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Lambda Functions in Python and Why You Need Them – Built In

Python

In Python, functions provide several benefits. By creating a command you can reuse over and over you can write it once, then use it repeatedly in several places. This shortens the length of a program by avoiding duplication. Functions also provide a name to a command, which you can make descriptive. If a user reads something along the lines of sort_alphabetically(list) they know that a list is about to be sorted alphabetically. Without that name, they’d dig through a few lines of code to figure out what’s happening.

That said, sometimes you don’t expect to reuse a function several times so formally declaring a function doesn’t make sense. Maybe you have a single data set and need to apply a calculation to all aspects of it once. Or maybe you need to pass a function as a parameter to another function. In these cases, it often isn’t worth the effort to formally declare a function.

Lambda Functions in Python

Anonymous functions are a great way to simply write a function that you only need to reference one time, especially when passing it to a different function as an input. In Python these are referred to as lambda functions because they are called using the keyword lambda. The general form of a lambda function is:
lambda input: function.

Instead, you can use an anonymous function — which we call a lambda function in Python.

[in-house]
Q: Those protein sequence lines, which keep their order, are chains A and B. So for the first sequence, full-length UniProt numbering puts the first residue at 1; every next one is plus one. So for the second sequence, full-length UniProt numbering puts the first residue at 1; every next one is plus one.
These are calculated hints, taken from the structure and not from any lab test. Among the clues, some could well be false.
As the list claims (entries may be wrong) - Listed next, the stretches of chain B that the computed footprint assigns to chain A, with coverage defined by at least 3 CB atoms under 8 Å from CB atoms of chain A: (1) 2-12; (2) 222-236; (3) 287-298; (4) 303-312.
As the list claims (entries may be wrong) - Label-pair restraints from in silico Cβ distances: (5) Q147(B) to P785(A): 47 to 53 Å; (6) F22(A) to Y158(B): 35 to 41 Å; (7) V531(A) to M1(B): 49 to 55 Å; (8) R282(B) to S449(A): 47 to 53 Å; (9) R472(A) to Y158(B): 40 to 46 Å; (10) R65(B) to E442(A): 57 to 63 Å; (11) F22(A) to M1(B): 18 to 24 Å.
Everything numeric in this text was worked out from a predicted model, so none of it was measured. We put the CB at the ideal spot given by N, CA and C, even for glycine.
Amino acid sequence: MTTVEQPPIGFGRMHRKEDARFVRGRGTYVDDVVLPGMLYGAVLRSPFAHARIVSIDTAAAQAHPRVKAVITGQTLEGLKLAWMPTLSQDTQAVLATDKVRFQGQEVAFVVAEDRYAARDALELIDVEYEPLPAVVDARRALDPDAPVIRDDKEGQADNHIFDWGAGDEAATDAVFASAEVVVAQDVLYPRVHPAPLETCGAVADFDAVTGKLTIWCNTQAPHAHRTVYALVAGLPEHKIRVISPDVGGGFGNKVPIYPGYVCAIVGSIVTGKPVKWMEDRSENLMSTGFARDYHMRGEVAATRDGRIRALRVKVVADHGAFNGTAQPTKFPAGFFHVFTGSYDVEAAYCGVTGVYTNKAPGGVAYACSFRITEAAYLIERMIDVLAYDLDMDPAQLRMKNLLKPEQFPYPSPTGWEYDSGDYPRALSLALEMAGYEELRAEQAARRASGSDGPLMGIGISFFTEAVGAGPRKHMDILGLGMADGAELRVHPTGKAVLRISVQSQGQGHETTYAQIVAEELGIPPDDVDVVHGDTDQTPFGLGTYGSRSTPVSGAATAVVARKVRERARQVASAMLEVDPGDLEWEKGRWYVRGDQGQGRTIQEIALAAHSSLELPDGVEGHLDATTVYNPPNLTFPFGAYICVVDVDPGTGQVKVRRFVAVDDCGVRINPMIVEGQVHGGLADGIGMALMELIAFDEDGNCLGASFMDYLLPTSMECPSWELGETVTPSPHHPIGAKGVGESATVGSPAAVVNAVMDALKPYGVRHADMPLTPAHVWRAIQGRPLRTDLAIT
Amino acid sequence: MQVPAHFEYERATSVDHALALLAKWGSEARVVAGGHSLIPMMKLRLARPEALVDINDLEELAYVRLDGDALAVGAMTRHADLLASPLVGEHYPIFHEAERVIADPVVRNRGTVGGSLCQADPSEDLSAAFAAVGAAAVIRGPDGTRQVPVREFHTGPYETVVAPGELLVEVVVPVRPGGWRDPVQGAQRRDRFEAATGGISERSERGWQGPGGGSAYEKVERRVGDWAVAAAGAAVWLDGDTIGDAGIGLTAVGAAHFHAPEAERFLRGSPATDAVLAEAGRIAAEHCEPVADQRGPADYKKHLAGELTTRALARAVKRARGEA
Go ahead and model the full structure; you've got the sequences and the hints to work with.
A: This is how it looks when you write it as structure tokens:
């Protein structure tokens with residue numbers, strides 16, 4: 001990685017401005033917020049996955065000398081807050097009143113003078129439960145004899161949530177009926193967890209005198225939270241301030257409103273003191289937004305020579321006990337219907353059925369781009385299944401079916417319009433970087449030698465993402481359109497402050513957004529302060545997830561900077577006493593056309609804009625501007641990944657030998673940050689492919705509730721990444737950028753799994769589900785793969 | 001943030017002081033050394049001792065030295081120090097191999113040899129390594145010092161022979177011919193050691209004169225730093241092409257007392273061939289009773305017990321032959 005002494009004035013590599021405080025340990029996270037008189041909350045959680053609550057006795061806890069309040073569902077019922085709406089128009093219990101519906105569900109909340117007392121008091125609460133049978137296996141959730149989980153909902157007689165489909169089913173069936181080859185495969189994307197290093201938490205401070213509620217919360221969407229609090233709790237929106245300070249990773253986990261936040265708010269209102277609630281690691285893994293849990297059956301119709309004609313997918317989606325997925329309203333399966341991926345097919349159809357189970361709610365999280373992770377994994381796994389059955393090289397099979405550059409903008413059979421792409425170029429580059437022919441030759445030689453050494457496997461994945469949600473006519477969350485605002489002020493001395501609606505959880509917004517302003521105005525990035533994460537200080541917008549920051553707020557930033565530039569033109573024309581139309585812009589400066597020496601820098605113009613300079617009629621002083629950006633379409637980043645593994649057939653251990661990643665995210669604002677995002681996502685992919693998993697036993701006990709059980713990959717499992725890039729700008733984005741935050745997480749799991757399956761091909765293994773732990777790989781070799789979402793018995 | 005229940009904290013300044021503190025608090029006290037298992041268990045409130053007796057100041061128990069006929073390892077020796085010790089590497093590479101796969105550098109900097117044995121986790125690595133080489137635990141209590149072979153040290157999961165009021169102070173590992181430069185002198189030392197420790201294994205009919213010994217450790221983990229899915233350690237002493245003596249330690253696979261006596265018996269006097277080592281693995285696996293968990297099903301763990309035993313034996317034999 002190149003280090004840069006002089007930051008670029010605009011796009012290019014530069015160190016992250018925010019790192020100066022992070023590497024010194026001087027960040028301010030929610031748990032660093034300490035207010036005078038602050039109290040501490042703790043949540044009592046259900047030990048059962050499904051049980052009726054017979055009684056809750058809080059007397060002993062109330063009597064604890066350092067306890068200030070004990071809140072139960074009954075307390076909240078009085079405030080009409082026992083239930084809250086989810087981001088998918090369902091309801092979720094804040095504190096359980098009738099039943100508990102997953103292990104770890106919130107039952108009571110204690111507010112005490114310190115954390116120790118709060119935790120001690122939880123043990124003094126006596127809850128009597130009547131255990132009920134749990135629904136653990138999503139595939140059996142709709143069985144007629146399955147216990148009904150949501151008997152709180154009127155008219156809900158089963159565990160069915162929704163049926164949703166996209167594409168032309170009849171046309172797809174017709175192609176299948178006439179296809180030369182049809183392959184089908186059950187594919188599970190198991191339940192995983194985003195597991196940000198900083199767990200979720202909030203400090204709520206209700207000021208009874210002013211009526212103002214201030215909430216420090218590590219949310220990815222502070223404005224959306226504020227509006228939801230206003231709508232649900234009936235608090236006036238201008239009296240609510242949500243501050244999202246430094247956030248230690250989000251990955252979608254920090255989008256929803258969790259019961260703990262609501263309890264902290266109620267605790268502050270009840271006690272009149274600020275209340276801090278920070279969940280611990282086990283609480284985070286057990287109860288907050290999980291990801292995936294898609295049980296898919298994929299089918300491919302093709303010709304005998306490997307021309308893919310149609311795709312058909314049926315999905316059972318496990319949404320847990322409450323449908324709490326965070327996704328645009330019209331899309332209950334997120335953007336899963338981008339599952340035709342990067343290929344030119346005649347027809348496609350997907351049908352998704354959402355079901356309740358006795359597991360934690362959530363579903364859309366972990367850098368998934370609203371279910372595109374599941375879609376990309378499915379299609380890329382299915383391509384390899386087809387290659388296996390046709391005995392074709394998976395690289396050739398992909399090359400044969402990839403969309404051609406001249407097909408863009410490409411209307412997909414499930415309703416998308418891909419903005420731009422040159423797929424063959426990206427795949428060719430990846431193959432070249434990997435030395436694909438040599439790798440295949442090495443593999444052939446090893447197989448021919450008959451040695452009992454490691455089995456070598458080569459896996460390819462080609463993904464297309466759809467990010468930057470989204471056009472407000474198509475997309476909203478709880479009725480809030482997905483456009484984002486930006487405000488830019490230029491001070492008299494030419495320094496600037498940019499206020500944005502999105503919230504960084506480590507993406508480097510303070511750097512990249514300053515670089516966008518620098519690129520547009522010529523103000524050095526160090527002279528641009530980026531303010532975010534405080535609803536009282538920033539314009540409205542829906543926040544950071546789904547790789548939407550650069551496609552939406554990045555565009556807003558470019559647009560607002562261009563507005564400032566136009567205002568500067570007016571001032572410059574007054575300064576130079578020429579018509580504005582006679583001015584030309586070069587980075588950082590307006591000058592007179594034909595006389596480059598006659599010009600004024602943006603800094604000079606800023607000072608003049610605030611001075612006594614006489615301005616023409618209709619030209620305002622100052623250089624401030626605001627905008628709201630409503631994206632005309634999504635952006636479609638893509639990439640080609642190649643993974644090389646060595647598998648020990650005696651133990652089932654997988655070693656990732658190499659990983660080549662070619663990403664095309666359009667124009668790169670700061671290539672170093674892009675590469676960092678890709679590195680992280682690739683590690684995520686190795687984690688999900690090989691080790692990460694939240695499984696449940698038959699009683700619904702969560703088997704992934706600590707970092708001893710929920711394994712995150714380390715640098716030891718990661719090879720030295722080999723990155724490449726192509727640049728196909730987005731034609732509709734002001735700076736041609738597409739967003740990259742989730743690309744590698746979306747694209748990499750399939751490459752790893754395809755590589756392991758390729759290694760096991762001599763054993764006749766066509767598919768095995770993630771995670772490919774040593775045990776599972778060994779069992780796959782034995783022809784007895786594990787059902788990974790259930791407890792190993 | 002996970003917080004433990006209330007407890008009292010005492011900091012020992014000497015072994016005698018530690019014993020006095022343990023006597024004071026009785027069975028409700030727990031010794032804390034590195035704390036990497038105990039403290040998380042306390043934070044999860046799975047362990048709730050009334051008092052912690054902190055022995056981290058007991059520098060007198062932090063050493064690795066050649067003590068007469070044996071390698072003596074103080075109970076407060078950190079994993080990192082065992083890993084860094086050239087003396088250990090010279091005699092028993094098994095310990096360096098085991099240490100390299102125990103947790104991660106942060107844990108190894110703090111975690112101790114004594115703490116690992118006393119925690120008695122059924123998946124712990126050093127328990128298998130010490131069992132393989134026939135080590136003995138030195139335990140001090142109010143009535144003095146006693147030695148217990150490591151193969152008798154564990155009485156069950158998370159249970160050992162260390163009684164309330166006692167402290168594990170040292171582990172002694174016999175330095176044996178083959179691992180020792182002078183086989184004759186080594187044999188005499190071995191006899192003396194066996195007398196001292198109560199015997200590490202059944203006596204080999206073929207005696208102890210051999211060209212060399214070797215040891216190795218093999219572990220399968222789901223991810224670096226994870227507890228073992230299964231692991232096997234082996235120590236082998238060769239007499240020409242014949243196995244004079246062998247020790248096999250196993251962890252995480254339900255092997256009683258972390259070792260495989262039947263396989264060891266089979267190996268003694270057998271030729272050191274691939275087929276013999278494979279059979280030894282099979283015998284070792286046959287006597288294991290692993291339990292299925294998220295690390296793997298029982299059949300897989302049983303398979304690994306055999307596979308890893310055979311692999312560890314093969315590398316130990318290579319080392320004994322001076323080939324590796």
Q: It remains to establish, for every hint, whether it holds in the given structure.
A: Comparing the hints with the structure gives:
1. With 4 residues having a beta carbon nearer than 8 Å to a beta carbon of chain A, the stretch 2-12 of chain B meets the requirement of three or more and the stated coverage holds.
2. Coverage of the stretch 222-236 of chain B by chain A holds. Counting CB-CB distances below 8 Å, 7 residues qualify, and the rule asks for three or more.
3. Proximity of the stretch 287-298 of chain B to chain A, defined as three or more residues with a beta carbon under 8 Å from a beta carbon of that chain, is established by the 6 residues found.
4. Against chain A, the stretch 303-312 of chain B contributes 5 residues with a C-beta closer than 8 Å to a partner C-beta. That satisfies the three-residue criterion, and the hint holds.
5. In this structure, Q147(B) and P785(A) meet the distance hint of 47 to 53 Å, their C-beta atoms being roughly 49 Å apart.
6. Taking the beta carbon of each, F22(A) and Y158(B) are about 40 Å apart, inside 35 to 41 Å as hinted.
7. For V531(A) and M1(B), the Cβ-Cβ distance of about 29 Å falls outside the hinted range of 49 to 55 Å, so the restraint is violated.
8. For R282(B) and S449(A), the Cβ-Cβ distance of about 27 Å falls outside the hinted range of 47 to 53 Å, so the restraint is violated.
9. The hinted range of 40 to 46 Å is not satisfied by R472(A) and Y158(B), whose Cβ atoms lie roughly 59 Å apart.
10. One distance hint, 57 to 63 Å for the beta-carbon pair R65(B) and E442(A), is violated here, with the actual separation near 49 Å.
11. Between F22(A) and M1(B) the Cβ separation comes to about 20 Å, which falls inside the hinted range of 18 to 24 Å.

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What the Heck Is a Lambda Function?

Anonymous functions are what they sound like: they’re functions without names. Where you use these functions defines them but you don’t store them for future reference and can’t call them later. They’re one-time use functions. These functions tend to be quite simple, and more compact than formal function declarations — you write them on a single line. 

In Python anonymous functions are referred to as lambda functions and you call them using the keyword lambda. Lambda literally has no meaning other than to tell Python that you are about to define an anonymous function.

 

How Does a Lambda Function Work?

Since lambda functions are written on a single line of code they need to have specific syntax. This syntax takes the form of:

lambda input: function

That line has the following three features:

  • lambda: This is the keyword informing Python that the following information is a lambda function. Since this is a keyword with a specific meaning to Python this term cannot be changed.

  • input: This is the input to a function, and is similar to the x in function(x). This tells the lambda function what value to  modify in the next part of the definition. The input term can be whatever value you desire. Since this is a temporary function many people don’t worry about specificity as much and simply use x as a convention. Others are sticklers for clarity in code (I happen to be in that camp) and choose to use descriptive names.